Even though some government housing loans are still available during the federal government shutdown, the government paperwork required for some mortgage lenders may hold up those trying to buy a home.
Government offices shuttered and many services dried up Tuesday after the budget standoff in Congress. Because of far-reaching, federal financial and consumer safety checks required in the lending industry, the mortgage business could come to a grinding halt.
If the shutdown continues, some home buyers may not be able to close on their houses.
“It could literally affect every aspect of our business,” said Ben Blanks, vice president of regional sales manager for Three Rivers Mortgage in Columbia.
The company requires a copy of a transcript of an individual’s tax returns from the Internal Revenue Service.
Without that documentation, the loan cannot be approved, which prevents interested buyers from closing on a house.
The affect would ripple through the economy, Blanks said:
• Sellers moving their families would not be able to anymore.
• Buyers would have to figure out where they would stay until the deal closes.
• Real estate agents would have to wait to make money.
Kids moving in and out of schools would be delayed.
• Moving companies would see bookings fall off.
“And the list goes on from there,” Blanks said.
Chaz Ellis, director of sales and marketing for Two Men and a Truck, said that between 70 percent and 80 percent of the moving company’s business is residential, including first-time home buyers, college students and people moving into assisted living.
But the company is currently booking moves, “so until the phone stops ringing and the emails stop coming in, we’re not really concerned,” Ellis said.
If the shutdown does continue, hopefully the side of the business that does commercial moves will help cover the company’s finances, he said.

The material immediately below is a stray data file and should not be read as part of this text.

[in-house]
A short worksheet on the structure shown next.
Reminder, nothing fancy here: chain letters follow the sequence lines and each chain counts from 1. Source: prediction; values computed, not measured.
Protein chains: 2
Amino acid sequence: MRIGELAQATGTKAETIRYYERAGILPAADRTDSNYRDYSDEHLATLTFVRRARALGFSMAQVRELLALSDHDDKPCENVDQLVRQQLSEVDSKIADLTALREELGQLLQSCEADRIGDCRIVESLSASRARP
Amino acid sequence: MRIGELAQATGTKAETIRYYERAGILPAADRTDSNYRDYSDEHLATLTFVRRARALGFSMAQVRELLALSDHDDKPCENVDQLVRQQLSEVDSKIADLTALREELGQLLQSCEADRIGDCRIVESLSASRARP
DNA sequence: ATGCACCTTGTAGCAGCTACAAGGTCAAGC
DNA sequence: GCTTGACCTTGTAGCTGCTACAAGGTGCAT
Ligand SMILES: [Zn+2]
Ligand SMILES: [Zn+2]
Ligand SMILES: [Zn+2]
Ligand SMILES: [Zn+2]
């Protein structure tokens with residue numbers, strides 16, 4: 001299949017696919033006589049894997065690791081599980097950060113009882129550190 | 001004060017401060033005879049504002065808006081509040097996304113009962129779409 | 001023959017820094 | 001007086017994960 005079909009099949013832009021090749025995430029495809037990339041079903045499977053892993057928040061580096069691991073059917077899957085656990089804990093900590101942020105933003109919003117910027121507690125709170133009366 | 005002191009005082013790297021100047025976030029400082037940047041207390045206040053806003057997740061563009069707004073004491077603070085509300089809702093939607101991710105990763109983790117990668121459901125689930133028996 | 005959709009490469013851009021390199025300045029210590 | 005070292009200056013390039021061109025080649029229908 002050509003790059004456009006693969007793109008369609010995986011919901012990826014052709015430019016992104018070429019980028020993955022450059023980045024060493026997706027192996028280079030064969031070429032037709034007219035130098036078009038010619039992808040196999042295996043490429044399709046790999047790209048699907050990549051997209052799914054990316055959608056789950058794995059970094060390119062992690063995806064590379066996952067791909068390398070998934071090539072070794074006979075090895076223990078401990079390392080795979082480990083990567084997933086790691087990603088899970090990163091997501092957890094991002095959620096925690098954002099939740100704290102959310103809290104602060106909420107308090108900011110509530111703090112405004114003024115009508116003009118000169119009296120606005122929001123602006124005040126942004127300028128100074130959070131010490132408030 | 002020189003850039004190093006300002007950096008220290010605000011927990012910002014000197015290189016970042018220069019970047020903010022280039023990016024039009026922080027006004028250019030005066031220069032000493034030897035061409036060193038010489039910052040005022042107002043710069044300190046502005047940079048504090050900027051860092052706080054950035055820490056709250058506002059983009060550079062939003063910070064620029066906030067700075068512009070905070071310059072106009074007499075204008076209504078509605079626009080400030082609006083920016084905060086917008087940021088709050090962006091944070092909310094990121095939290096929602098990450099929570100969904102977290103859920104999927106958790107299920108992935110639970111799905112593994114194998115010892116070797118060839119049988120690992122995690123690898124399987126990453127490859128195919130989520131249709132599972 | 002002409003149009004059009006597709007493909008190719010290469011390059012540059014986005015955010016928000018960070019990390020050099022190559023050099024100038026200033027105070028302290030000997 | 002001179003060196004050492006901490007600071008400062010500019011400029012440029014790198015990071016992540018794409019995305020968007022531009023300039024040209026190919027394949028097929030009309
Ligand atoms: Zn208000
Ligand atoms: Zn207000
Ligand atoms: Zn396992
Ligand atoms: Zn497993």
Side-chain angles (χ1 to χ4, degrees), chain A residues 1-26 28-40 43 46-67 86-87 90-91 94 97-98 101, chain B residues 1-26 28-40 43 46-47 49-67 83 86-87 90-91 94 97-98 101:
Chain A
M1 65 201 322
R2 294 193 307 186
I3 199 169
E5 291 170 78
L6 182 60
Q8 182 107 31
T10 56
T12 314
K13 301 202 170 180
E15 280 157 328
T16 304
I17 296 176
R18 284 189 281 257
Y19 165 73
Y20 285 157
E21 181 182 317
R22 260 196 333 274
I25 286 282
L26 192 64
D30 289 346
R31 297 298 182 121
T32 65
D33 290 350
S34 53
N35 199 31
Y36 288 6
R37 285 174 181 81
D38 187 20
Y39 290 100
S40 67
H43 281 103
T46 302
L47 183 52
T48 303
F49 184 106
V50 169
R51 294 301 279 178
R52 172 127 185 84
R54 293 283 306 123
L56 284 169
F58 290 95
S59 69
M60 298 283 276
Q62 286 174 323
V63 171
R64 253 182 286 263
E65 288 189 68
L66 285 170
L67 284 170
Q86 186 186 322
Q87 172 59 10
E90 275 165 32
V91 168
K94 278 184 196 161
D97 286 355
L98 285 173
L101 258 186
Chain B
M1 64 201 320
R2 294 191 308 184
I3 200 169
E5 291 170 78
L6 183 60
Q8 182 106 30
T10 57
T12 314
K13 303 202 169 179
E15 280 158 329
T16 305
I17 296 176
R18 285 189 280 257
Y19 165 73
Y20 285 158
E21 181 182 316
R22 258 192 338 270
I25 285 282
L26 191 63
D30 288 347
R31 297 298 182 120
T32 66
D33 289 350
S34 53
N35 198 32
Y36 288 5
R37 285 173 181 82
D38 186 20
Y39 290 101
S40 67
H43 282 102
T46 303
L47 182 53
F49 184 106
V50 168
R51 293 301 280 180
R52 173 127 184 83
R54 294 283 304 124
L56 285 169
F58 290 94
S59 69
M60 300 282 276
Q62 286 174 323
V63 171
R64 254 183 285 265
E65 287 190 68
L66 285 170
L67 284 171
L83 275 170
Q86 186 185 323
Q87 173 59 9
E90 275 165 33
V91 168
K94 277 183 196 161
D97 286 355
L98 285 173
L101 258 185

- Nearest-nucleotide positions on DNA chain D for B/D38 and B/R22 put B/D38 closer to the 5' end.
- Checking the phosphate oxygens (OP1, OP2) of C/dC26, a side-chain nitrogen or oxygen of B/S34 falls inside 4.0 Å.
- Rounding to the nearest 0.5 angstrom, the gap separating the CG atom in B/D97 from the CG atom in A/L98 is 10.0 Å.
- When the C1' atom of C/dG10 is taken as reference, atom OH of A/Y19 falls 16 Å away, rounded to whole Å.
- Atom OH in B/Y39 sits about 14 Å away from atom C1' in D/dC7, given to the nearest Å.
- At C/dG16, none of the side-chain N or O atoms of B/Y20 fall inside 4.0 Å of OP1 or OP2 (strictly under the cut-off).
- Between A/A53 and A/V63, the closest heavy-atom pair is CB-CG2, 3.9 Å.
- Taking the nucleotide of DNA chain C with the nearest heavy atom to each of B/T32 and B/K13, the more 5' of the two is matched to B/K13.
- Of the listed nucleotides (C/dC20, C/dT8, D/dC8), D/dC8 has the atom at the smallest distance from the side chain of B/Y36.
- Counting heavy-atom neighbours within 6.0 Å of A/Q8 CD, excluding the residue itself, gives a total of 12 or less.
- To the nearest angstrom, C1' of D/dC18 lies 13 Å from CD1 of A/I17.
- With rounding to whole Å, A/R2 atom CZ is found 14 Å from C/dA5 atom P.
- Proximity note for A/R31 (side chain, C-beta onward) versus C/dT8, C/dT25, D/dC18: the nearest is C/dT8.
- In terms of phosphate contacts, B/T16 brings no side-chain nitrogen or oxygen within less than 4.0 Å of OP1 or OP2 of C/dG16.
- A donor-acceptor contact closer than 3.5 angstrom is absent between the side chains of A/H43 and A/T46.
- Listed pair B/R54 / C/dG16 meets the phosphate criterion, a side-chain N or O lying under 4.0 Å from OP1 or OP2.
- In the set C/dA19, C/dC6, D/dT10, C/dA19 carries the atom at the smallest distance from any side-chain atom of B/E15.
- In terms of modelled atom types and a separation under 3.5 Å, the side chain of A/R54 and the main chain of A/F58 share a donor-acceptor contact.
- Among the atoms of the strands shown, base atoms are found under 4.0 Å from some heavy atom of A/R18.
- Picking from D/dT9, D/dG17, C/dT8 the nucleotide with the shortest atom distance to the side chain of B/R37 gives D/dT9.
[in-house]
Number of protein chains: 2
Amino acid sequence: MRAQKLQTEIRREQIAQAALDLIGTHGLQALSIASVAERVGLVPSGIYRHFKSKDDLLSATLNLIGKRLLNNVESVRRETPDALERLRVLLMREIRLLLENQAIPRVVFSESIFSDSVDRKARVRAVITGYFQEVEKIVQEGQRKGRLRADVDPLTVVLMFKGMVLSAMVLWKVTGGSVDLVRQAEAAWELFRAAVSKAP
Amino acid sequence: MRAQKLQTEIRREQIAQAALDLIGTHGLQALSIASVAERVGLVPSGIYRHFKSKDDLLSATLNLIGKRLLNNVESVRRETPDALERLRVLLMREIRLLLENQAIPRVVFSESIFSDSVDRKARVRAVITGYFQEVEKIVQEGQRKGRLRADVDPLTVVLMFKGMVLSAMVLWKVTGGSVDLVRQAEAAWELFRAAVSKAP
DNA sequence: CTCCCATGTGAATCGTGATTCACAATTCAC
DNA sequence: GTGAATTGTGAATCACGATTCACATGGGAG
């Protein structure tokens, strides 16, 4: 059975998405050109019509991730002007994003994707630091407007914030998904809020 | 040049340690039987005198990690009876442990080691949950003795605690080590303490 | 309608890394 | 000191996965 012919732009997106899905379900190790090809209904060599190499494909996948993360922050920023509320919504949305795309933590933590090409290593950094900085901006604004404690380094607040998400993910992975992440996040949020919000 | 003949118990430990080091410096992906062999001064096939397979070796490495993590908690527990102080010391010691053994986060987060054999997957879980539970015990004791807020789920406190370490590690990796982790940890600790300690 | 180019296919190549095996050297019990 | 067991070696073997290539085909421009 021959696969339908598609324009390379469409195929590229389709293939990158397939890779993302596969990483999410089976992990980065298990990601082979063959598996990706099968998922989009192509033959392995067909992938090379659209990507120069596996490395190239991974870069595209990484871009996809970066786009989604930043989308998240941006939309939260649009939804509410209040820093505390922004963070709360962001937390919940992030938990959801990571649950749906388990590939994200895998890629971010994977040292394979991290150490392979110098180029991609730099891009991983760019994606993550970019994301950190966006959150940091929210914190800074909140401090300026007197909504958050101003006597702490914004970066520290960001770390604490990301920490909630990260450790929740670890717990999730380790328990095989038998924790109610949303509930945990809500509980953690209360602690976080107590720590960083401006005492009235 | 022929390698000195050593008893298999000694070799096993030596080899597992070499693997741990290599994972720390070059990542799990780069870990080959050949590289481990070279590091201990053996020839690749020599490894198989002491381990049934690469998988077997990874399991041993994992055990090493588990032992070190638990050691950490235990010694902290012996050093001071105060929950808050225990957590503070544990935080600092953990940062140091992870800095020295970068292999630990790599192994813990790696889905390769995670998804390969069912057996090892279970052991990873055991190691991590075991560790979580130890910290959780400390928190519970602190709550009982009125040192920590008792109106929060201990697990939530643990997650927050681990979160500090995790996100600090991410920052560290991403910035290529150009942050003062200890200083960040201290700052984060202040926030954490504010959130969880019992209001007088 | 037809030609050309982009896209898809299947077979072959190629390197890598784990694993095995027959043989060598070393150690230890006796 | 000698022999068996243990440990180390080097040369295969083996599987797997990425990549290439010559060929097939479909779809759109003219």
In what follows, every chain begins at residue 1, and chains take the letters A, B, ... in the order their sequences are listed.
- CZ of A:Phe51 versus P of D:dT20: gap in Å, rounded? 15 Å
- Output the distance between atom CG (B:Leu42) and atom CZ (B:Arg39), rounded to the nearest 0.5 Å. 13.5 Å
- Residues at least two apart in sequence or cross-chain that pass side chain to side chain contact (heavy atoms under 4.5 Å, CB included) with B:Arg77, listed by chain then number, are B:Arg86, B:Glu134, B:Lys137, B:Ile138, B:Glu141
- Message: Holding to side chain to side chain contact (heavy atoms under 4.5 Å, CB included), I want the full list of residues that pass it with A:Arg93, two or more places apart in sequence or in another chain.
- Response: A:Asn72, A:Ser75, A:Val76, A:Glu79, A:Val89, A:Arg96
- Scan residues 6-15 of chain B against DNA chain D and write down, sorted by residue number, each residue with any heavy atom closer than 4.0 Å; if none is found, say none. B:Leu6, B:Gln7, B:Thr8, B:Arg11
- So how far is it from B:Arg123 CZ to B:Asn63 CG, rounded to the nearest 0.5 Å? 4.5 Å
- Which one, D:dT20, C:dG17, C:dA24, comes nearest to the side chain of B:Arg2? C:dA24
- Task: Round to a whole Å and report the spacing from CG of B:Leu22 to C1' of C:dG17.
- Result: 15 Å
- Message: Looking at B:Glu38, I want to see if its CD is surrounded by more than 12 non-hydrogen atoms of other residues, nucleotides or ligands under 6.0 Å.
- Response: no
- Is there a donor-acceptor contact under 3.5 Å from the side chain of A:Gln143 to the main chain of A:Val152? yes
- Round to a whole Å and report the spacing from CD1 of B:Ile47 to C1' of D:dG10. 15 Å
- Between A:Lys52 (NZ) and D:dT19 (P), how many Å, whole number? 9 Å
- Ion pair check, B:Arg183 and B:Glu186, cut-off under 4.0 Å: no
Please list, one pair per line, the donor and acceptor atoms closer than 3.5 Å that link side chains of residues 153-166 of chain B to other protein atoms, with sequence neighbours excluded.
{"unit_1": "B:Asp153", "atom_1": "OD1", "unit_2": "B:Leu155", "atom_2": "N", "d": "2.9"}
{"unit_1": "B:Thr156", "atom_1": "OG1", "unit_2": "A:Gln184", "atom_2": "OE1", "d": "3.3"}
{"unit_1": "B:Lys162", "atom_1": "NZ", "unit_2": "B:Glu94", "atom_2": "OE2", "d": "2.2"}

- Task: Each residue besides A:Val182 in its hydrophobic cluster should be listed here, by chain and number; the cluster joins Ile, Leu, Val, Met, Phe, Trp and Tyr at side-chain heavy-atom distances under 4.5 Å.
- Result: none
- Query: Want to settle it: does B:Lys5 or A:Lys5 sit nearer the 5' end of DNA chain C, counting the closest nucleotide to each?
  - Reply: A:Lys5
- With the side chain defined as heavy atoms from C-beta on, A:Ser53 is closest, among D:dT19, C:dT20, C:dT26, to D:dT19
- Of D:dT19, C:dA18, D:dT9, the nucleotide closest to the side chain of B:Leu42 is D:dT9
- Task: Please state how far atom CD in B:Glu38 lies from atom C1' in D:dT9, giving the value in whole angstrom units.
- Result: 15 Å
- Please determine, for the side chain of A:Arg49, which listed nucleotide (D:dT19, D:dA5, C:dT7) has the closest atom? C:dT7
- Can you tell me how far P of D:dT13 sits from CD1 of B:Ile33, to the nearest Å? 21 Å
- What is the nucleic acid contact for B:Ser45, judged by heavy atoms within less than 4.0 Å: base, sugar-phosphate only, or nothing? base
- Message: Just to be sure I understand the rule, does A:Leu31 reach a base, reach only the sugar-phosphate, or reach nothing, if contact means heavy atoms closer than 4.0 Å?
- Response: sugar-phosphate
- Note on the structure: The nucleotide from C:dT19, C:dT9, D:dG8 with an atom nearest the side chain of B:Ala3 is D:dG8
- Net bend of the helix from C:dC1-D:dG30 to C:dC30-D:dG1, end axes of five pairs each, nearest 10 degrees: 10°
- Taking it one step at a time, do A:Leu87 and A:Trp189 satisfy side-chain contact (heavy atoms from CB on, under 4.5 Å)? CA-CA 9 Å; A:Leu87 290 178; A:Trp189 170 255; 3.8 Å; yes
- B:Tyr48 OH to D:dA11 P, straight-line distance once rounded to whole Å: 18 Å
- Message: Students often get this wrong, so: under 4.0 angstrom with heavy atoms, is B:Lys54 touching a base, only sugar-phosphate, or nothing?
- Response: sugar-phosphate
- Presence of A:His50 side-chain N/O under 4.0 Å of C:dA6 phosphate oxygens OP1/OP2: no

Steven Mungo, chief executive officer of Irmo-based Mungo Homes, said the shutdown will not have as much of an effect at the beginning of the month, because about 70 percent of his company’s closings take place at the end of the month.
Government-backed USDA rural home loans are unavailable, and the agency’s website is down but offers links to government services still available, contingency plans and the text of the president’s message to government employees. However, Federal Housing Administration and Veterans Affairs mortgages are still available.
The federal shutdown also has made local accountant Stephen Kirkland’s job more taxing, so to speak.
He has to tell his clients to pay their federal income taxes, even when some of the services those taxes pay for have been suspended.
The shutdown is frustrating for Kirkland as a taxpayer and because of the amount of taxes his clients pay, he said.
“Most people do business with the federal government whether they want to or not,” Kirkland said.
Mungo said a greater impact will be if the federal government defaults on its debt. If there is a short-term spike on interest rates and if mortgage rates go up, then it will be truly bad for business, he said.
“I hope they’re smart enough not to let that happen,” he said.
Reach Cope at 803-771-8657 or on Twitter @cassielcope.